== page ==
Wednesday, May 23, 2018
Most intellectuals don’t have fans. They are lucky to have respondents to pieces they publish in small academic journals. But there are some intellectuals who do have fans. Especially among rightwing intellectuals who achieve a certain name recognition (Christopher Hitchens, Jordan Peterson, etc.) you will find an odd romanticism about “debate”. The fans are always lauding the debating skills of their idols.
I was a member of the debate club in high school – as I suspect few of the fans were – and the one thing you learn about debate is that it is not an instrument for truth. Rather, it is an instrument for winning an argument. The mark of the good debater is to win both as a supporter of “x” and as an opponent of “x”.
The dispute about the meaning and methods of debate are ancient. Around 500 BC, sophists – to give them a slightly anachronistic name – discovered and developed the techniques of argument and rhetoric. Discovered, here, means simply brought into consciousness styles of argument that no doubt pre-existed the sophists. You can see what argument looks like without these styles, or consciousness of these styles, in the book of Job, where Job’s friends make a mess of his excuses, but without any convention whereby Job would be convinced that his friends were right. In fact, Job’s friends provoke God’s wrath: which shows you how much one needs debating skills.
Plato was worried about the sophist’s art – worried that it was an art that obscured, rather than revealed, the truth. The truth, that is, about being. Plato wrote dialogues, so it wasn’t as if he were worried about argument per se. He was worried that debate was oriented towards winning. The idea that one should win at all costs sacrificed the very goal that the argument was meant to inch us towards.
I suspect that creating a sport out of intellectual work is at the heart of the rare phenomenon of the intellectual with fans. And it is a bit too snooty to think that brainwork and entertainment are separated by rigid ethical and veridical lines. I see no reason to believe that. But I also see no reason to jettison Plato’s worry: that debate debases the very truths it seeks to capture by making them secondary to the impulse to win.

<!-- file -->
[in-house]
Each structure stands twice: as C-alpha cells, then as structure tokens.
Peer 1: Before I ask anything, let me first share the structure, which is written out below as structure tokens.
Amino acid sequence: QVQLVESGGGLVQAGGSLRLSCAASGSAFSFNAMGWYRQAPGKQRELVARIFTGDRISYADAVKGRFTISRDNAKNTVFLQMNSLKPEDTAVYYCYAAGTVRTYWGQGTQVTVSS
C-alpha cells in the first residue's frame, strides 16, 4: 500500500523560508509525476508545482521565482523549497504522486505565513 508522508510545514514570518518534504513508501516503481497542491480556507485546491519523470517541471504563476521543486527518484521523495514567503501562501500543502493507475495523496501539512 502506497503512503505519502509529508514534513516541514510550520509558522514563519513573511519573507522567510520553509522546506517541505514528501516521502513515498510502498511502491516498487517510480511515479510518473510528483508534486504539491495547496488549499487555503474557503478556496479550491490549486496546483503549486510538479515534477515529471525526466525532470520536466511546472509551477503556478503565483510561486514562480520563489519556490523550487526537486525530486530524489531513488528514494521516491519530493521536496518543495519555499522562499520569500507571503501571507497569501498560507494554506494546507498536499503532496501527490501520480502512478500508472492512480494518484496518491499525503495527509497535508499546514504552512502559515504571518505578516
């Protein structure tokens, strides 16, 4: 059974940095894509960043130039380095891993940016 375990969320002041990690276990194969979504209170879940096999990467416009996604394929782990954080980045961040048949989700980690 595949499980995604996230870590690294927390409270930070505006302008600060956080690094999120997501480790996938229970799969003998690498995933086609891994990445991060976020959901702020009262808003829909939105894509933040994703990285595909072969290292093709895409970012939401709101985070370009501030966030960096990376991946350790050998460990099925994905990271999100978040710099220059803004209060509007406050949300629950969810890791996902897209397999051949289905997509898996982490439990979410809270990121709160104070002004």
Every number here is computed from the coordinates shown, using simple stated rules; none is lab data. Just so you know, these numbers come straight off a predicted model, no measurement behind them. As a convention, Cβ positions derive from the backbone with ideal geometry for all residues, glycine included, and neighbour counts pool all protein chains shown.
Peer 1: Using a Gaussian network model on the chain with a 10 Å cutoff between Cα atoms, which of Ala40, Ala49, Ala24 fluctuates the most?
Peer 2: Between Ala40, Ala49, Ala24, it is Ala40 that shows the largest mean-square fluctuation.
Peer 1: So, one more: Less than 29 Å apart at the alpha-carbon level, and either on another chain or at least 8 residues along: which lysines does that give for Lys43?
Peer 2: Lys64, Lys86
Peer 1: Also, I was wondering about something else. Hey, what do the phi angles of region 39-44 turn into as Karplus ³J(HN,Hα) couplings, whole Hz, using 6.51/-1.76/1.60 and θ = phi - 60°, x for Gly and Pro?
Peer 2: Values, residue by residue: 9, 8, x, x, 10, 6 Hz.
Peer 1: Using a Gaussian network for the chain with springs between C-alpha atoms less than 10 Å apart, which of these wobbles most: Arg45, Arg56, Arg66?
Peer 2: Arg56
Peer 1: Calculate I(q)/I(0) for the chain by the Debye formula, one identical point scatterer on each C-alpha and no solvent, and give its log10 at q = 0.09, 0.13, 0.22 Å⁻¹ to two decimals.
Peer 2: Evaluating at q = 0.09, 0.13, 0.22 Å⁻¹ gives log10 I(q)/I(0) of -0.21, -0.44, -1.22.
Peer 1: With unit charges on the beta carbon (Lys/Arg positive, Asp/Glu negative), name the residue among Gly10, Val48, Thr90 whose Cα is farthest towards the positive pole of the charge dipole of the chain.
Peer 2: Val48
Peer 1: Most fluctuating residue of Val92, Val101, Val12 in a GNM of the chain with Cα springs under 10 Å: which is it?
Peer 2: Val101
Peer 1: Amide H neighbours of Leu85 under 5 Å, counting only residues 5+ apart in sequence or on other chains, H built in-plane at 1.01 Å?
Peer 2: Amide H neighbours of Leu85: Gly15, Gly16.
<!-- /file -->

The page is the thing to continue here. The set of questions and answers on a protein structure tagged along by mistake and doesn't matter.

Debates, in other words, are an inferior intellectual tool. And when they take center stage, you know that something shifty is going on.
Tuesday, May 22, 2018
Martin Amis has led one of the most puzzling careers in the contemporary novel business.
He started out of the gate with some obvious advantages. He had a good ear for speech, and an even better ear for caricaturing speech. He could create recognizable types – especially the aspiring Yob – in the great tradition of English comic novelists. And he had a believable misanthropy going for him – like his Dad, and like Evelyn Waugh.
These are great strengths. I tried to re-read Money a year ago, and didn’t get far, cause I wasn’t in the mood. But I could still see what a piece of work, in the good sense, it was.
With all of these qualities, Amis should have gone from strength to strength in Blairite GB. Instead, he jumped the track, and started producing these novels about Stalin’s Gulag and Hitler's concentration camps.
He came to these subjects with heavy handicaps. Amis’s great strength was, as I have said, aural. You could hear a lot of Money. But he has no sense whatsoever for spoken German or Russian. This immediately carves out about two thirds of what he has to work with. And then, who is the competition, here? Well, Russian and German (and Hungarian and Dutch and French) writers who had a very good sense of what the worlds they described sounded like. The competition, in other words, was already at the finish line while Amis was huffing along, getting all his notes in order.
The novels become those notes: oh, here’s the part derived from Anthony Beevor. Here’s the Annie Applebaum part. And so on.
I do not understand this jumping of the tracks. Was it because he sought an American market, one that had only a vague idea of yob culture? I think that might be part of it. I remember a howler of a review in the New Republic when the book section was run by Leon Wieseltier that went on and on about Amis achieving true greatness with the novel about the Gulag. It was as if the novel were a surgical bomb that had hit its target. The Wieseltierish crowd was, of course, not going to be so excited about a novel like Money, cause it wasn’t “serious”. Plus, of course, being anti-Stalin was, for this crowd, an act of political courage.
It is a weird crowd.
But my complaint isn’t political. Amis’s rightwing politics don’t bother me as drivers of fiction – a novel is like a truck, and the drivers are various in their viewpoints, but the point is to drive it well. What I don’t get is the idea that to move into making a SERIOUS novel about ATROCITIES, Amis had to remove himself to the Soviet Union or Nazi Germany. He could easily have turned to, say, the war in Kenya, or the starvation in Bengal, or Northern Ireland, or any number of theaters where he could both hear the culture and write about it. He could definitely have gotten his anti-Communist jones on by writing about British lefties in the 60s.